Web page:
51. Gene Berkman Gene Berkman January 22, 2016

    Barry Goldwater, Jr served in Congress from 1969 to 1982, when he ran for Senate and lost the Republican primary. He actively supported Ron Paul’s campaign for President in 2008, and introduced Ron Paul before his speech at the Rally for the Republic.

    Currently, Barry Goldwater, Jr is on the Advisory of Our America Initiative
    https://www.ouramericainitiative.com/honorary-board-members.html

  52. langa langa January 22, 2016

    While I don’t disagree with your point, I have to quibble that it took the socialists that long. The Communist Manifesto was published in 1848; the Paris Commune was just 23 years later, the Bolsheviks came to power just 69 years later. Socialists of various stripes were a large and substantial influence in European politics throughout the latter half of the 19th Century. By the time it got around to being a full century post-CM, Stalin and Mao between them ruled a third of the planet and social-democrats dominated Western politics.

    Well, it took considerably less than a century in Europe (obviously so in Russia, and to a lesser extent the rest of the continent), but in America it took much longer. While the New Deal undoubtedly contained some aspects of socialist ideology, outright Marxism was still quite taboo, as the McCarthyism of the ’50s demonstrates. Indeed, it wasn’t really until the ’70s that Marxist ideas came to be widely accepted enough to be taught on college campuses.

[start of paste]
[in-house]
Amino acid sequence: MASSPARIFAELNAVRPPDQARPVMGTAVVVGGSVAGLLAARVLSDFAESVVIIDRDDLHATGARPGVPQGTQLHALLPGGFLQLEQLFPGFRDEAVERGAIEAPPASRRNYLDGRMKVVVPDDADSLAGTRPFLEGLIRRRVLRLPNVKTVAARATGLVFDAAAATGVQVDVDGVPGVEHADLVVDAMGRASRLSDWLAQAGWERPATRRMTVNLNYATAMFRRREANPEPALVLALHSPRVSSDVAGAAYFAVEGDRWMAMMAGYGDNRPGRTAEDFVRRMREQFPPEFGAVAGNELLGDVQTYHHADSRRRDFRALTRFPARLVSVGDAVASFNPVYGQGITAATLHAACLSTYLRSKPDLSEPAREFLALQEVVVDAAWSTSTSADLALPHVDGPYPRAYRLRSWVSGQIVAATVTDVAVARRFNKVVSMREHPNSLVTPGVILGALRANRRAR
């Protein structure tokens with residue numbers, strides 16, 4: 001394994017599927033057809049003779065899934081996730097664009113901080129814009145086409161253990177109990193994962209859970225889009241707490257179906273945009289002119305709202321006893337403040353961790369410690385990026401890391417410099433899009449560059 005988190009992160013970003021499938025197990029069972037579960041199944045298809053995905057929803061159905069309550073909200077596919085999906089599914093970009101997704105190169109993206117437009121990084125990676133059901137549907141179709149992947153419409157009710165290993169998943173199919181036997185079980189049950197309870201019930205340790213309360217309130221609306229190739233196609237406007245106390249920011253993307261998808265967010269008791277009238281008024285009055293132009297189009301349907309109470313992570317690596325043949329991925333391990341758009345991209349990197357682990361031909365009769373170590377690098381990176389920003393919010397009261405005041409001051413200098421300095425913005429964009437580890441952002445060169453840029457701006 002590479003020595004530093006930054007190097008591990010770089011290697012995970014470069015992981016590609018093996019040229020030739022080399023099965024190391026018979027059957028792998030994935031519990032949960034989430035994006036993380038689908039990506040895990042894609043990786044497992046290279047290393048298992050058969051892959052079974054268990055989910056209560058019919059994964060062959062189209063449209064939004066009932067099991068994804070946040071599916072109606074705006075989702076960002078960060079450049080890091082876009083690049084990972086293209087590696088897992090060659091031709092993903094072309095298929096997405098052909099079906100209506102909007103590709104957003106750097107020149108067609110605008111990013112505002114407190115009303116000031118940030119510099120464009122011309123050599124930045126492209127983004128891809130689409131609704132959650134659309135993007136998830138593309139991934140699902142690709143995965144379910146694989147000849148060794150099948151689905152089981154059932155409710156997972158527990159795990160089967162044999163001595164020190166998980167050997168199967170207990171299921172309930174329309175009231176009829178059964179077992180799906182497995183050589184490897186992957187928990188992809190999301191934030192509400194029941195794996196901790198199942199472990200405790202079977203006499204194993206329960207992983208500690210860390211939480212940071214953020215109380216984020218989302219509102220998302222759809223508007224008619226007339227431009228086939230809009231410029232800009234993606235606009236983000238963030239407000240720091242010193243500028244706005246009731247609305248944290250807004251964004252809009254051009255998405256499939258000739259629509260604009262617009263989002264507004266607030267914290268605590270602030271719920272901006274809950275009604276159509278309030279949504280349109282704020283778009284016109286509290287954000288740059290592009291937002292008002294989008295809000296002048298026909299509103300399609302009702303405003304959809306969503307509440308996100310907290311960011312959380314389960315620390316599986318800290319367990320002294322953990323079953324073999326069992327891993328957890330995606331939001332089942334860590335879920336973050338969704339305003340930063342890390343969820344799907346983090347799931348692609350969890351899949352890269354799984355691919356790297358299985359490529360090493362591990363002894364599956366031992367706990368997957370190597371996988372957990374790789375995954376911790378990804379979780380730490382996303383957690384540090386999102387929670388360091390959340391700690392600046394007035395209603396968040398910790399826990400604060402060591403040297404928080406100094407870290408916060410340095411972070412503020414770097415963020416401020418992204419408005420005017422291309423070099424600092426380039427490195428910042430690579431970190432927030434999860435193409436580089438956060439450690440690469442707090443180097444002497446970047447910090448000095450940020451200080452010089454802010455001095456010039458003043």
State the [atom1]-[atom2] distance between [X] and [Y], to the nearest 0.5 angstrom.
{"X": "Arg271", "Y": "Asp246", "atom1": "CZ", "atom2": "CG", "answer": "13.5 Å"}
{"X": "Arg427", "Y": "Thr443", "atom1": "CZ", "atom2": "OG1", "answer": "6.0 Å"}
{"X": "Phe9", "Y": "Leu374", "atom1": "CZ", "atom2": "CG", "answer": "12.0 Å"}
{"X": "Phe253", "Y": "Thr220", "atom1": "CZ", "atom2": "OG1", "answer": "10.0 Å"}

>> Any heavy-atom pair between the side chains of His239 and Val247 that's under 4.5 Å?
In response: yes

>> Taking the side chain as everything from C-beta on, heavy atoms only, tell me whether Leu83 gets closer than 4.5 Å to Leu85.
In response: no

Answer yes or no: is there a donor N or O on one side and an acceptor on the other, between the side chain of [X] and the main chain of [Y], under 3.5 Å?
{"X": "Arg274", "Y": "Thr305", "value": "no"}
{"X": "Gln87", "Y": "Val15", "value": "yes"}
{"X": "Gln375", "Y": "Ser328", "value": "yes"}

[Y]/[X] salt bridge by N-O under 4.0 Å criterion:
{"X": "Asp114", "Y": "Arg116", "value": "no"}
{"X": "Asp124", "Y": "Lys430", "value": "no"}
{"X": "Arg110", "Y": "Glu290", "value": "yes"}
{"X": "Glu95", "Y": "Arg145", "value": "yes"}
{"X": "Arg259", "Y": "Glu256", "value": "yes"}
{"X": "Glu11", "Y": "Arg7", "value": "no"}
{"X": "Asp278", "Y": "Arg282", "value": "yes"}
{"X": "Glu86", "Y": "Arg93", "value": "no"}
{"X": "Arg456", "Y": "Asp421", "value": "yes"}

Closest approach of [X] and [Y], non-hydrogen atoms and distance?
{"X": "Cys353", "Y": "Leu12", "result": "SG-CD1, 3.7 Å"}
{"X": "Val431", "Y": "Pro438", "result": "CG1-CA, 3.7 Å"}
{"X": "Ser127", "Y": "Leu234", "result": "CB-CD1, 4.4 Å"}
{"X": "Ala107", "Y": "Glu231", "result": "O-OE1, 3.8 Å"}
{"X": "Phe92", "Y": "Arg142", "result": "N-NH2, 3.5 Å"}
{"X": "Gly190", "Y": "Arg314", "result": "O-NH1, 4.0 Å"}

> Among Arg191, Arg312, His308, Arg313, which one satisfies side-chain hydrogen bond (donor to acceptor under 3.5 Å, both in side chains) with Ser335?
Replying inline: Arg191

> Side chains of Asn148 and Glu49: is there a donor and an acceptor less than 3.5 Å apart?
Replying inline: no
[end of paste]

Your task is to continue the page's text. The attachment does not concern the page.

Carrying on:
You could point to proto-socialist ideas and movements before Marx, of course, but you can do the same with libertarianism pre-WWII. But then I guess that depends when you really date the modern libertarian movement to: the founding of FEE and Hayek’s Road to Serfdom is often cited for an immediately post-WWII dating, but there are arguments for later dates. Atlas Shrugged wasn’t published until 1958, the famous split in YAF until 1969, and of course the LP in 1971, and many “foundational” libertarian works not published even into the early 1980s (Free to Choose, Ethics of Liberty). Which one of those you want to interpret as being most akin to Marx-1848 in this analogy, is up for interpretation. As is, for that matter, Rothbard’s contention that it’s an appropriate analogy to draw strategic lessons from.

    Fair point. Personally, I would say that Hayek and Co. represented more of a (temporary) revival of classical liberalism, based largely on economics and utilitarianism, whereas modern libertarianism, with it’s emphasis on deontological/moral arguments, can be traced to the ’60s, when the ideas of Rand and Rothbard began to gain popularity. In any case, my basic point was that changing society from the bottom up (which, in my opinion, is the only way that can work) is a long, tedious process, where seeds may be planted, only to take decades before bearing fruit. Trying to gauge success from one election to the next is an exercise in myopia, and ultimately, in futility.